French Naval Boarding Cutlass with Scabbard
by Chatellerault Armory 1847
Dimensions: Blade Length: 26 1/2″″ Overall Length: 33″ Width of blade: 1 3/8″ Depth of blade: 5/8″
Presented is hard to find French Model 1833 naval boarding cutlass, known in French as “Le Sabre’d Abordage”. The 26 1/2″ blade has a thick flat spine and broad single fuller on both sides. The spine is engraved with the details of the cutlass manufacturer, the Chatellerault armory, 1847. Each side of the blade has a large anchor. The blade is very sharp and shows in excellent condition with almost no tarnish along the spine and edge. The steel bowl guard is in good condition showing some inspection marks (which are not legible) on both sides of the beaked quillon. The blade is firm in the hilt. The scabbard shows age-related cracked leather and some minor dents in the brass but is in overall good condition.
United States Navy at the beginning of the Civil War incorporated many of the design features of the French Naval M1833 Cutlass into their own U.S. Naval Cutlass which was designated the M1860 and manufactured by the Ames Company. See https://landandseacollection.com/id1295.html
This French Boarding Cutlass is an exceptionally fine and complete example of this famous sword and will make a wonderful addition to any armament collection.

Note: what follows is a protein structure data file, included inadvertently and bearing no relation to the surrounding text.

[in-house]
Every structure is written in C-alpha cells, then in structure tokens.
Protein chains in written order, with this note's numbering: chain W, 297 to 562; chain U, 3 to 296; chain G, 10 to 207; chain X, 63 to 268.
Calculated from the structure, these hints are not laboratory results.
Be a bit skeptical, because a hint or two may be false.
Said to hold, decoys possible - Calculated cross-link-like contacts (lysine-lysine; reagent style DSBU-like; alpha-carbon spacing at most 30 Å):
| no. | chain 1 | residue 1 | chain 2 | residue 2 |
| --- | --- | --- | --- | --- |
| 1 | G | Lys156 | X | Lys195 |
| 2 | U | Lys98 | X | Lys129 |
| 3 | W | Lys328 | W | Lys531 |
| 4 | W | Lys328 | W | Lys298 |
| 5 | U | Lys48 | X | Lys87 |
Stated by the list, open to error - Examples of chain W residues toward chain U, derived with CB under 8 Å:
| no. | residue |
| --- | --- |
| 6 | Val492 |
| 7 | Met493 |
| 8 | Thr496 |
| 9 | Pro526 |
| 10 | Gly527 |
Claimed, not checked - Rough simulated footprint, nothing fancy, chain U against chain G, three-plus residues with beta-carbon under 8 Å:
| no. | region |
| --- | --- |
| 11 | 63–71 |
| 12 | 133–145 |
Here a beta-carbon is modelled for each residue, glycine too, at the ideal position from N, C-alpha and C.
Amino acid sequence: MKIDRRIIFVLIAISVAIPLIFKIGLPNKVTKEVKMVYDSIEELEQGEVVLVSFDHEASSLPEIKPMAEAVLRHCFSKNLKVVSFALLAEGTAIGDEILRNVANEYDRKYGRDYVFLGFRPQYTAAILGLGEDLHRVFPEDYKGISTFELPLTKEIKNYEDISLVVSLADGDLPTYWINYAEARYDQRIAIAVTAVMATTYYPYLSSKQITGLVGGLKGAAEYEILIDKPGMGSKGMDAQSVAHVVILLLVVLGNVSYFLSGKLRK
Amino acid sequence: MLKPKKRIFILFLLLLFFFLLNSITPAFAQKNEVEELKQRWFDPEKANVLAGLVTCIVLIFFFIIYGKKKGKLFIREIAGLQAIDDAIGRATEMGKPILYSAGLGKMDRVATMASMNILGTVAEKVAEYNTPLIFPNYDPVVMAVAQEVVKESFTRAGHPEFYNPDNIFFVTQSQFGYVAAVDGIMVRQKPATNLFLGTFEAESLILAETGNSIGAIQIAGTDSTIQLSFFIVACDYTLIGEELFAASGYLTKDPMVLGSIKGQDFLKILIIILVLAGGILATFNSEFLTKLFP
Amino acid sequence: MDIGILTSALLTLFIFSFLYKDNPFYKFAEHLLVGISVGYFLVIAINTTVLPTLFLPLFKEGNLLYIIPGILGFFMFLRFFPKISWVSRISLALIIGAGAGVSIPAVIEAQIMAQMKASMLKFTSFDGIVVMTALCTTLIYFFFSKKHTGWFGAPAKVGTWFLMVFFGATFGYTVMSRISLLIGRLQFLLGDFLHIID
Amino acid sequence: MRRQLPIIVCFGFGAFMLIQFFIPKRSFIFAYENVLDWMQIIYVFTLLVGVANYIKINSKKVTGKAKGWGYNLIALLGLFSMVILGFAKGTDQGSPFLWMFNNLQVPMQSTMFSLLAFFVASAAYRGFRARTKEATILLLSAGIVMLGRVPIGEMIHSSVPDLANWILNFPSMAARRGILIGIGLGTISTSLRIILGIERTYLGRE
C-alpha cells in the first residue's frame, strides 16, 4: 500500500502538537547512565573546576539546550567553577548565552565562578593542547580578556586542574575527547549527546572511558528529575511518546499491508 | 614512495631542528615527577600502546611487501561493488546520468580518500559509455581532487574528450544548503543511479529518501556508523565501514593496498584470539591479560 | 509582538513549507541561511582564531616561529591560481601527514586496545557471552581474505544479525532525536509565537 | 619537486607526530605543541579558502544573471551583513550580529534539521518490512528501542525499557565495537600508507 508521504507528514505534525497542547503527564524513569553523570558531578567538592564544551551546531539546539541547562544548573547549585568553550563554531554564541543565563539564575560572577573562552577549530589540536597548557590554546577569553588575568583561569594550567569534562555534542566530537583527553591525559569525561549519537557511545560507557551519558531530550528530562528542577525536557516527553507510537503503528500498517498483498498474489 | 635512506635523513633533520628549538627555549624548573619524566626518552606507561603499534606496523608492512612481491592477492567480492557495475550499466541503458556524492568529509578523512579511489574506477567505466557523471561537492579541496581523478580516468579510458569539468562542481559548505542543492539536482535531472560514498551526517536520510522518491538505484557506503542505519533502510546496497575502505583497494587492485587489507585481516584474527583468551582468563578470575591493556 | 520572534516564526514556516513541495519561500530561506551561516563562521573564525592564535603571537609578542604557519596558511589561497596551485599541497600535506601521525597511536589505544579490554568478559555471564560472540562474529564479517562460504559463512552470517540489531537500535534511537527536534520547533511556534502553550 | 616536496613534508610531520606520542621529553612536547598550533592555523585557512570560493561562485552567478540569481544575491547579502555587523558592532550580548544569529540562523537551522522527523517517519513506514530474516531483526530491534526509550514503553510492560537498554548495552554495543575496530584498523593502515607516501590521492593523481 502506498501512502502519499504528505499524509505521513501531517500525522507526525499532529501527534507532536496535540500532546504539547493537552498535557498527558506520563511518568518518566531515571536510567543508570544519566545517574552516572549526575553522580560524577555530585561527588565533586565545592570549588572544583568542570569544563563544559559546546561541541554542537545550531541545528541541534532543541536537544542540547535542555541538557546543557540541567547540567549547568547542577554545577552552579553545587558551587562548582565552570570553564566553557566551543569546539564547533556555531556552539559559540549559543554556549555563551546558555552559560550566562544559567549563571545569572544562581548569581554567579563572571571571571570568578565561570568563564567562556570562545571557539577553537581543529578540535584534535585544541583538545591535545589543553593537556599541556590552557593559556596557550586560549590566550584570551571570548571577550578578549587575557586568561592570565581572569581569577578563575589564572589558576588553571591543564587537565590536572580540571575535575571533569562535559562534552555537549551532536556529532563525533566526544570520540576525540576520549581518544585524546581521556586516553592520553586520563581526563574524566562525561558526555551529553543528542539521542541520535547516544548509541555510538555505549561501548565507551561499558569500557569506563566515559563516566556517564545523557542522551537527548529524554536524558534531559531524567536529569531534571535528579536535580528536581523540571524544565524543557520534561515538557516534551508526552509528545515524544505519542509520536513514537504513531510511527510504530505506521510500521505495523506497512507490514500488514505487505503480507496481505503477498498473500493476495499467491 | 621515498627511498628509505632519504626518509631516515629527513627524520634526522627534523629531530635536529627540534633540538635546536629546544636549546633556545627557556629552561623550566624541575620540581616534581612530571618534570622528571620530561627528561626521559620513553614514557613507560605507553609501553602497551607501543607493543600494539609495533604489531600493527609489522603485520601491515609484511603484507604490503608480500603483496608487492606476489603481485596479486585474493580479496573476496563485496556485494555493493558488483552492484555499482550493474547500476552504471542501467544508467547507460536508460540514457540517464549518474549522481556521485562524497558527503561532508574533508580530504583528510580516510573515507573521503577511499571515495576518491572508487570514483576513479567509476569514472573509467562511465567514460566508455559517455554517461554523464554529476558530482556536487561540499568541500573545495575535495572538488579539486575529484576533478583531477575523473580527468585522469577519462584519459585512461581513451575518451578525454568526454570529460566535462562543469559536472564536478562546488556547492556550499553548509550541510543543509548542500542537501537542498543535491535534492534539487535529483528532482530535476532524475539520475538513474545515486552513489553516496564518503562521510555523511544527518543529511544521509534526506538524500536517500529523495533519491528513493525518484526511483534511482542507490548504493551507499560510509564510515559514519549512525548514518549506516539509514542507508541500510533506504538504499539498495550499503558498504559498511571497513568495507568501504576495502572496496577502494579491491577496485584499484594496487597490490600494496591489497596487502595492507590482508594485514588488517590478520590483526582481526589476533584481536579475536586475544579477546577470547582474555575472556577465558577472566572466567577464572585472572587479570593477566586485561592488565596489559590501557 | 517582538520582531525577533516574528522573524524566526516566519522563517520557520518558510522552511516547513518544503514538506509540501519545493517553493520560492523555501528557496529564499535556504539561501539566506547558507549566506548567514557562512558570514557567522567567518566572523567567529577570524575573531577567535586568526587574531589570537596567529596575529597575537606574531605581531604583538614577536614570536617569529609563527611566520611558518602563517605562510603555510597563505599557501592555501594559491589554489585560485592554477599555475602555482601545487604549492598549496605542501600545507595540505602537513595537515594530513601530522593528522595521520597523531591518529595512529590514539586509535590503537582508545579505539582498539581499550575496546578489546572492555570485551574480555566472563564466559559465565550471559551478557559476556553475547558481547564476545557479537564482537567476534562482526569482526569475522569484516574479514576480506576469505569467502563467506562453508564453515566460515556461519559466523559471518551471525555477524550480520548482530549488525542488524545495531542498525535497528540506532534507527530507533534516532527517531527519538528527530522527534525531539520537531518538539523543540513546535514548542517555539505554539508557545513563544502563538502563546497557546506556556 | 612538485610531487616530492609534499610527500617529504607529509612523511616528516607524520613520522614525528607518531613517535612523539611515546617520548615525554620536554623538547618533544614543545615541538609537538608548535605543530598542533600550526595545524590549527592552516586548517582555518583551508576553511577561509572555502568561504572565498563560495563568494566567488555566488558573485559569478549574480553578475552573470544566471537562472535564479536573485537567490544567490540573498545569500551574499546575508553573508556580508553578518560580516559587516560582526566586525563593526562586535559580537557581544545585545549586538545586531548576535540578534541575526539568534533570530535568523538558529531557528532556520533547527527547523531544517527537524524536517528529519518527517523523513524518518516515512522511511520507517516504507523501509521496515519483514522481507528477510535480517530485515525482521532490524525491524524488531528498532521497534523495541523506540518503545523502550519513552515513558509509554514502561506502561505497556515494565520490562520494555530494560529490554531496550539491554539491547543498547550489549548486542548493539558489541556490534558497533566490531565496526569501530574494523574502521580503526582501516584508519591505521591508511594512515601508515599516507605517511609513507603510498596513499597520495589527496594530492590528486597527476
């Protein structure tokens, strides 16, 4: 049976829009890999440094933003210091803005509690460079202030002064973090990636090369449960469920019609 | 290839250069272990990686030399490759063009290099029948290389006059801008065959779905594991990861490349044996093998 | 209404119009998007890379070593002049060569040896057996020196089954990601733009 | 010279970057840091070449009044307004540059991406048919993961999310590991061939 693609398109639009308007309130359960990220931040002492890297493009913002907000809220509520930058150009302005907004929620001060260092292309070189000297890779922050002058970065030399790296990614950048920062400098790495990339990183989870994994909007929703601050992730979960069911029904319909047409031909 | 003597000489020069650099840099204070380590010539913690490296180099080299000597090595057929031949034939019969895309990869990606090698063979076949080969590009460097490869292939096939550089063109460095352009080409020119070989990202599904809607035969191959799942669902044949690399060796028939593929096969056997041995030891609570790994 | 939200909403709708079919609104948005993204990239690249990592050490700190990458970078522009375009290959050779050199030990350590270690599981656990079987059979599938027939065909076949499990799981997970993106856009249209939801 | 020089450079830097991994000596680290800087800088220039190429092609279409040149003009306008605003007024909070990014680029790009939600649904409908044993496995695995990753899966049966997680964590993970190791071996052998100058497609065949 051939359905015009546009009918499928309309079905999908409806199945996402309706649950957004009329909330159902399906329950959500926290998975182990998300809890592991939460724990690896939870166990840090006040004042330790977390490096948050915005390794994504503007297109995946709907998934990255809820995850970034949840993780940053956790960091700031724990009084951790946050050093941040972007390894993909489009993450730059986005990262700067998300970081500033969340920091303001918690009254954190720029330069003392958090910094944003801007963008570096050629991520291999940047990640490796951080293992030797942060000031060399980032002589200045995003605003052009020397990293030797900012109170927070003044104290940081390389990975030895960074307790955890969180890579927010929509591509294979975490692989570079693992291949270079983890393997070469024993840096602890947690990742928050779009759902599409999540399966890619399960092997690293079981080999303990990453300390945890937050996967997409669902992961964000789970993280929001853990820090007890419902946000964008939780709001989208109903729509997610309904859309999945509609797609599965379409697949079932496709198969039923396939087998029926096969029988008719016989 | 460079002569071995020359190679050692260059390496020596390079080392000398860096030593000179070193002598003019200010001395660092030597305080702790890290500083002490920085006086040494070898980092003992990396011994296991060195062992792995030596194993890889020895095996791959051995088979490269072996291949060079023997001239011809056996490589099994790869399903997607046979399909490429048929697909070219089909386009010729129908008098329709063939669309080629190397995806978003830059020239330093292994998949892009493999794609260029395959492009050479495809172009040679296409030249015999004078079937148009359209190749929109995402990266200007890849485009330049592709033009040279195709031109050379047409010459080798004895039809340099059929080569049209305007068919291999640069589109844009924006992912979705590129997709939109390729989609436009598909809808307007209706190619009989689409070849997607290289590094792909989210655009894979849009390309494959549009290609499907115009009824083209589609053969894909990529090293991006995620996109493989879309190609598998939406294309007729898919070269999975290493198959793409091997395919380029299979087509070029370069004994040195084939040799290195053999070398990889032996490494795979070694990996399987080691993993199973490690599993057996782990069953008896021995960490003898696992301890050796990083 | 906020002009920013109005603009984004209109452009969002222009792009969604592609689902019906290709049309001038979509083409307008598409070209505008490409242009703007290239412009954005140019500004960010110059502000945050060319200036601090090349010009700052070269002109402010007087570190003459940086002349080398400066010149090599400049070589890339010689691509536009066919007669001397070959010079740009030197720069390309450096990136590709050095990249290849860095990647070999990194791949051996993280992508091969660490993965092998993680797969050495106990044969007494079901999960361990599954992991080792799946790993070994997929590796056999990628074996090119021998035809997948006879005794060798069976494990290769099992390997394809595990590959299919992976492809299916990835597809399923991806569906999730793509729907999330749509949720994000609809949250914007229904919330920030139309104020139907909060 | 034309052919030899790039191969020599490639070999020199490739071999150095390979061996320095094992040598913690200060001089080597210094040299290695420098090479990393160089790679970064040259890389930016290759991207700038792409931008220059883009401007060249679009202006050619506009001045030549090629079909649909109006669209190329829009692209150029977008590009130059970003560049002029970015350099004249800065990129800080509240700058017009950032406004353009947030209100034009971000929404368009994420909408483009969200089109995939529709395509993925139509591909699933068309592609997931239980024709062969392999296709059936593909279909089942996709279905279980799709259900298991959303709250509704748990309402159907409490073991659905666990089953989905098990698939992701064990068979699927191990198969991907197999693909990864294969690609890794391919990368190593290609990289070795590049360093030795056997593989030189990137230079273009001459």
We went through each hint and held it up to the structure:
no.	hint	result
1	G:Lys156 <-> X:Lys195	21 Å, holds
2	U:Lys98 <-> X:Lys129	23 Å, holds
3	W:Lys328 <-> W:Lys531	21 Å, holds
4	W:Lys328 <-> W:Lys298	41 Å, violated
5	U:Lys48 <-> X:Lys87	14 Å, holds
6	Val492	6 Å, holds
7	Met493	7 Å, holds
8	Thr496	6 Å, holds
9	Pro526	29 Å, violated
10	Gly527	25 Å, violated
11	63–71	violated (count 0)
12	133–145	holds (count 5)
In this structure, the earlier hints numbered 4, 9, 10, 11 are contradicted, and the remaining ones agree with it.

The Manufacture d’Armes de Châtellerault (“Châtellerault Weapons Factory”), often abbreviated to MAC, was a French state-owned weapons manufacturer in the town of Chatellerault, Vienne. It was created by a royal decree of 14 July 1819 to manufacture swords, then (after 1850) firearms and cannons.
Following the French tradition of state arsenals competing with each other and with private industry, MAC designed and manufactured several well-known French small arms. The facility closed as a weapons manufacturing facility in 1968 and was transformed into the central repository of all French military archives related to armament matters (Centre des Archives de l’Armement et du Personnel). It is open, for older declassified material, to bona fide researchers upon written request.
Showing inspection marks